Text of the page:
AMARILLO, TX (KFDA) - Amarillo Animal Management and Welfare is looking into several changes it hopes will improve the safety of residents and animals.
A change in reclaim fees, a new database and a different approach to the feral cat population are all in the works for Amarillo Animal Management and Welfare.
The department is working to update a city ordinance that would get rid of tiered reclaim fees for pets that show up to the shelter more than once.
Directors are also beginning to create a dangerous dog database, where residents could look online to see if any animals labeled as dangerous live around their area.
And in an attempt to control the city's feral cat population, the department and several subcommittees are proposing a "trap, neuter, release" (TNR) initiative.
Right now, feral cats that are trapped are euthanized, and so many wild cats are brought into the city shelter that officials have to euthanize four times as many cats as they do dogs.
After the cats are put down it doesn't take long before they're naturally replaced by new feral cats.
That's where officials say TNR could make a difference.
"TNR has been proven to work because what you're doing is when you take a cat and trap it in a colony right now and bring it out, you create what they call the vacuum affect," said William Kearns, a member of the Community Cat Committee tasked with looking into TNR. "You trap 10 cats, 10 more cats tend to move in, maybe even more cats tend to move in because you've messed up the actual system of the colony."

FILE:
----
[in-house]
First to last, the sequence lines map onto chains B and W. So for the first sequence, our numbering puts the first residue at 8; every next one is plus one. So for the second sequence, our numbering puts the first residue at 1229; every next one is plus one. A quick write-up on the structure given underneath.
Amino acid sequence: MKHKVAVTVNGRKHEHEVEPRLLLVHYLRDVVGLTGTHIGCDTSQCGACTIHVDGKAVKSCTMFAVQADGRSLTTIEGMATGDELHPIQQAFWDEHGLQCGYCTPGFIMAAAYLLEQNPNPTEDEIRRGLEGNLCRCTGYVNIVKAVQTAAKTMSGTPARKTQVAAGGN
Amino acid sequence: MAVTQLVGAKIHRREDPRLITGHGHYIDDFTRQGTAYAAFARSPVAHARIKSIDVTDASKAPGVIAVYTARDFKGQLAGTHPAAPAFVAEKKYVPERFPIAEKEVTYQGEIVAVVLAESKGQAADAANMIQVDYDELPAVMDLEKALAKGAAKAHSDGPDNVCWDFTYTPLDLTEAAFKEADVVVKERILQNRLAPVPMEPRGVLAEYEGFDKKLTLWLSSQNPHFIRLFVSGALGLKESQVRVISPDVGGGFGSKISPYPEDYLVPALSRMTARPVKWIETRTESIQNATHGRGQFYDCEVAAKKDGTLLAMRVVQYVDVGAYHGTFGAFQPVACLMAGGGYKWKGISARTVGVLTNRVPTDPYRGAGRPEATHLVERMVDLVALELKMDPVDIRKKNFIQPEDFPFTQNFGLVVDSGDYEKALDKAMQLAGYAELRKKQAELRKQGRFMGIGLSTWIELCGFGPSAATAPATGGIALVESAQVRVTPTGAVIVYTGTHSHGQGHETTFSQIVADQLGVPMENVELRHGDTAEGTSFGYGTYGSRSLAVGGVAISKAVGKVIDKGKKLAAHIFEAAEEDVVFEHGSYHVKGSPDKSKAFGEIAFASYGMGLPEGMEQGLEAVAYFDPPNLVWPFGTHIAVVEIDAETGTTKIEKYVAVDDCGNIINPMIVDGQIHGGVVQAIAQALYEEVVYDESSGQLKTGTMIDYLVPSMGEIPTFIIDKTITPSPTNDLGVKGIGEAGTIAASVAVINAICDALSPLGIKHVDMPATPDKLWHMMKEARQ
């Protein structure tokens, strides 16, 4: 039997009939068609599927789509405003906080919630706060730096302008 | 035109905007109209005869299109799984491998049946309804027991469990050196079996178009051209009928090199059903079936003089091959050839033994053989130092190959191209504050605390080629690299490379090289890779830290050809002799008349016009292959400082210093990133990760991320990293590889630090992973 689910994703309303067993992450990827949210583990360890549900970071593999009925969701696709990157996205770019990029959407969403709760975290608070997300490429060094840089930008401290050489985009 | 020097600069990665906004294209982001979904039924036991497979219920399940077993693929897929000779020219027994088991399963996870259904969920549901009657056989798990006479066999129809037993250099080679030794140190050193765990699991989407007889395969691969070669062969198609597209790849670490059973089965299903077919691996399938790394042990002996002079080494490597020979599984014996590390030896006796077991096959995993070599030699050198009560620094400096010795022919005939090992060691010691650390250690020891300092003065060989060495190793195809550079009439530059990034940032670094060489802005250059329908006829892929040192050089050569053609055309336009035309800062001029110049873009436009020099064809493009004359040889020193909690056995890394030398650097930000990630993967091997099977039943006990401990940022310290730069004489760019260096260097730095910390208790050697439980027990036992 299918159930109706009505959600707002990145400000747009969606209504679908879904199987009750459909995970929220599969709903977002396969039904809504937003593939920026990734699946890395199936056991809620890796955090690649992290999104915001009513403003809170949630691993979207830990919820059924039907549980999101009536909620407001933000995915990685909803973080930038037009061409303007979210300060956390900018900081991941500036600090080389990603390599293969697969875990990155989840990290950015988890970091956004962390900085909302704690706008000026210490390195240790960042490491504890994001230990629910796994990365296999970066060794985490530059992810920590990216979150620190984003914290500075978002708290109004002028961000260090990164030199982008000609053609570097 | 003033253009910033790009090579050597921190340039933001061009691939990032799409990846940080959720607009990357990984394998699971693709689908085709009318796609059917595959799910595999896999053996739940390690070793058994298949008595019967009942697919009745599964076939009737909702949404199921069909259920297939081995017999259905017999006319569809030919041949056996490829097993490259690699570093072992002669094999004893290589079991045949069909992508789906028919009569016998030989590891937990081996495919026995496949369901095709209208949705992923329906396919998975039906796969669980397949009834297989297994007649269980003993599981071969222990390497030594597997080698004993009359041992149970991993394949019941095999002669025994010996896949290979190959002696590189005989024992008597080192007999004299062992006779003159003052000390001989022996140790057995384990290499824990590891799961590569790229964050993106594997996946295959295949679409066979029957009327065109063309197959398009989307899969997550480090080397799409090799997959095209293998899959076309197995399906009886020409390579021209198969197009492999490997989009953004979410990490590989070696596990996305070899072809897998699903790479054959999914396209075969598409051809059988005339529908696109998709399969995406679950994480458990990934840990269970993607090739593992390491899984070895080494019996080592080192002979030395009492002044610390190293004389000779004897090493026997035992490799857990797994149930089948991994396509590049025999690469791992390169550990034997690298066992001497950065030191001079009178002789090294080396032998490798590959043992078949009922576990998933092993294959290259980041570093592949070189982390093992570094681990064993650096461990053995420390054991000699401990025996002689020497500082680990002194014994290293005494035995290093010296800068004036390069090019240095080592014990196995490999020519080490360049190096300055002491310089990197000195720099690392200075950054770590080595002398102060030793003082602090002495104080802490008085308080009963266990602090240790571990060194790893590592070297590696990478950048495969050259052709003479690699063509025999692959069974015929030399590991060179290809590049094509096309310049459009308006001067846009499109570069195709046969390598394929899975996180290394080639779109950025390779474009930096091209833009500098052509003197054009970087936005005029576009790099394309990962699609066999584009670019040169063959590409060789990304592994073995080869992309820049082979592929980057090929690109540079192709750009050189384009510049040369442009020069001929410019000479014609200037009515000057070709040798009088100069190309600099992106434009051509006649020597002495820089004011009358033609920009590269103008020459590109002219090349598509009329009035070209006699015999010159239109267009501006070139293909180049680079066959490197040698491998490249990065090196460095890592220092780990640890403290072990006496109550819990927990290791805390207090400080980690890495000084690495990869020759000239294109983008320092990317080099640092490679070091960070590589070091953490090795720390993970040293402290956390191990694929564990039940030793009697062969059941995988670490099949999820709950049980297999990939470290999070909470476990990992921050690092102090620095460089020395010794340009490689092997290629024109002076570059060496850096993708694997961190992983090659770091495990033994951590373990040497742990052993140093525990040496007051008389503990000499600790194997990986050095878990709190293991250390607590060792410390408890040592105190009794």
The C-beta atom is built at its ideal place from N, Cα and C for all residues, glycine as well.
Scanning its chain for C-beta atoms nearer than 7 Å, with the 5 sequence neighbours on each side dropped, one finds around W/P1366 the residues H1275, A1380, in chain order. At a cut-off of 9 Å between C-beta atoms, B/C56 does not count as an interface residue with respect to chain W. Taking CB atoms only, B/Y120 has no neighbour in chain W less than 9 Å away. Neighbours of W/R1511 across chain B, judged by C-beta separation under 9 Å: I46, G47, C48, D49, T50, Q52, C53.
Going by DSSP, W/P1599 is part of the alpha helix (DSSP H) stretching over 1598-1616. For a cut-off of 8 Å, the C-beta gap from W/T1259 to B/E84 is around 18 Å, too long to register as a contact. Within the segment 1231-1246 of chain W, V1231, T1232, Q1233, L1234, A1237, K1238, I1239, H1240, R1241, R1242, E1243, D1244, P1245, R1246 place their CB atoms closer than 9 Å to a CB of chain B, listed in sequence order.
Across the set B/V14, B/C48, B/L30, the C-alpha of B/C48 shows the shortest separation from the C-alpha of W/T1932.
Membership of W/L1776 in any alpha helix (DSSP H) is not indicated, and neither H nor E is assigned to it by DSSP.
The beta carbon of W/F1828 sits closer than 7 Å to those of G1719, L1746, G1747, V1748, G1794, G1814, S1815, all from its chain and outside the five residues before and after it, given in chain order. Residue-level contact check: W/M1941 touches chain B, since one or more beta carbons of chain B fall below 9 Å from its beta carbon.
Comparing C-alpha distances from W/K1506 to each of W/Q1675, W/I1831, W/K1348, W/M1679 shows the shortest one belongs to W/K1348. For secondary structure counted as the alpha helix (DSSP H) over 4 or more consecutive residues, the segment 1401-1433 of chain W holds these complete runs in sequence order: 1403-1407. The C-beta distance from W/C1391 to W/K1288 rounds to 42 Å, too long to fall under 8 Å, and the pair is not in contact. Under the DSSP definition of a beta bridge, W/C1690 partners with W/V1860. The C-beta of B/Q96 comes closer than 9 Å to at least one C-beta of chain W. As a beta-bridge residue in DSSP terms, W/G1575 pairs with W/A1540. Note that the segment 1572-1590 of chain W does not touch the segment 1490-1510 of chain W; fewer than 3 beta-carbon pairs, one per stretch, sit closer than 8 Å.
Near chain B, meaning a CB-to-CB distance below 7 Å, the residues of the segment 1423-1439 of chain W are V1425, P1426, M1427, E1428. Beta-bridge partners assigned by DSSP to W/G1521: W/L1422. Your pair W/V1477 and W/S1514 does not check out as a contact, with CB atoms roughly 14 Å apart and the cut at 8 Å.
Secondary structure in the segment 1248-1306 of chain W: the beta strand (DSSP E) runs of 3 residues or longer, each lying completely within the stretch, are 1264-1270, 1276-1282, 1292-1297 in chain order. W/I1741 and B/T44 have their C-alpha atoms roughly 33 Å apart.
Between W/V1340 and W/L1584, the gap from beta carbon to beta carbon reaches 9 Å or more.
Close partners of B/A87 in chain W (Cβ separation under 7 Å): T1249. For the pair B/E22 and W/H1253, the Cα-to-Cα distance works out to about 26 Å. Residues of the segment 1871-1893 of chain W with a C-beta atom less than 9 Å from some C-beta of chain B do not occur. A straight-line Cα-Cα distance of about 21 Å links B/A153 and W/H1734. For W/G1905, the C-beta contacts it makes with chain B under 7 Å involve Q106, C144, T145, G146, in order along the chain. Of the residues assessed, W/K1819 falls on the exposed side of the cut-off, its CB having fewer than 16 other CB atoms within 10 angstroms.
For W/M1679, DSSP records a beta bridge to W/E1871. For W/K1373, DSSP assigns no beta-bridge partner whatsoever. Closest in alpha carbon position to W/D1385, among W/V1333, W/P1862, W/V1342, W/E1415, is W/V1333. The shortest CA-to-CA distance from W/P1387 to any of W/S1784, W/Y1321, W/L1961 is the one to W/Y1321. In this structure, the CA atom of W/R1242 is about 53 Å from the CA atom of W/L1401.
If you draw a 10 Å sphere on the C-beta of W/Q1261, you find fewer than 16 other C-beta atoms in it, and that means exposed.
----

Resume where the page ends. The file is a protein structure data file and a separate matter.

Nothing can fully eliminate every feral cat from city limits, and having a few around town is good to control the rodent population.
Animal Management and Welfare hopes trapping, neutering and releasing the cats back into their habitat will halt the colony growth before it gets too big.
"We're a long ways off from TNR and we need to make sure this is the right solution for our community," said Richard Havens, Director of Animal Management and Welfare. "There are a lot of stakeholders that we need to talk to, but once again, we do need to think outside the box because what we're doing right now is just not working. We need to think of alternate ways to help these animals out and help our community out while being fiscally responsible."
This initiative requires no money from the city.
Nonprofit organizations will foot the bill to trap, neuter, microchip and ear tip the cats, and the shelter will not have to spend as much money on euthanizing them.
"We're trying to help with this problem of over population," said Kearns. "Even if you hate cats, you should support TNR because we're not trying to completely replace everything that's going on. We're just trying to provide an alternative and a means to control the population problem that we have in the city."
The TNR proposal will be presented and voted on by the Animal Management and Welfare Control Board next Wednesday at 6 p.m. at City Hall.
Community members are welcome to attend.
The board is asking for resident input before any changes are finalized.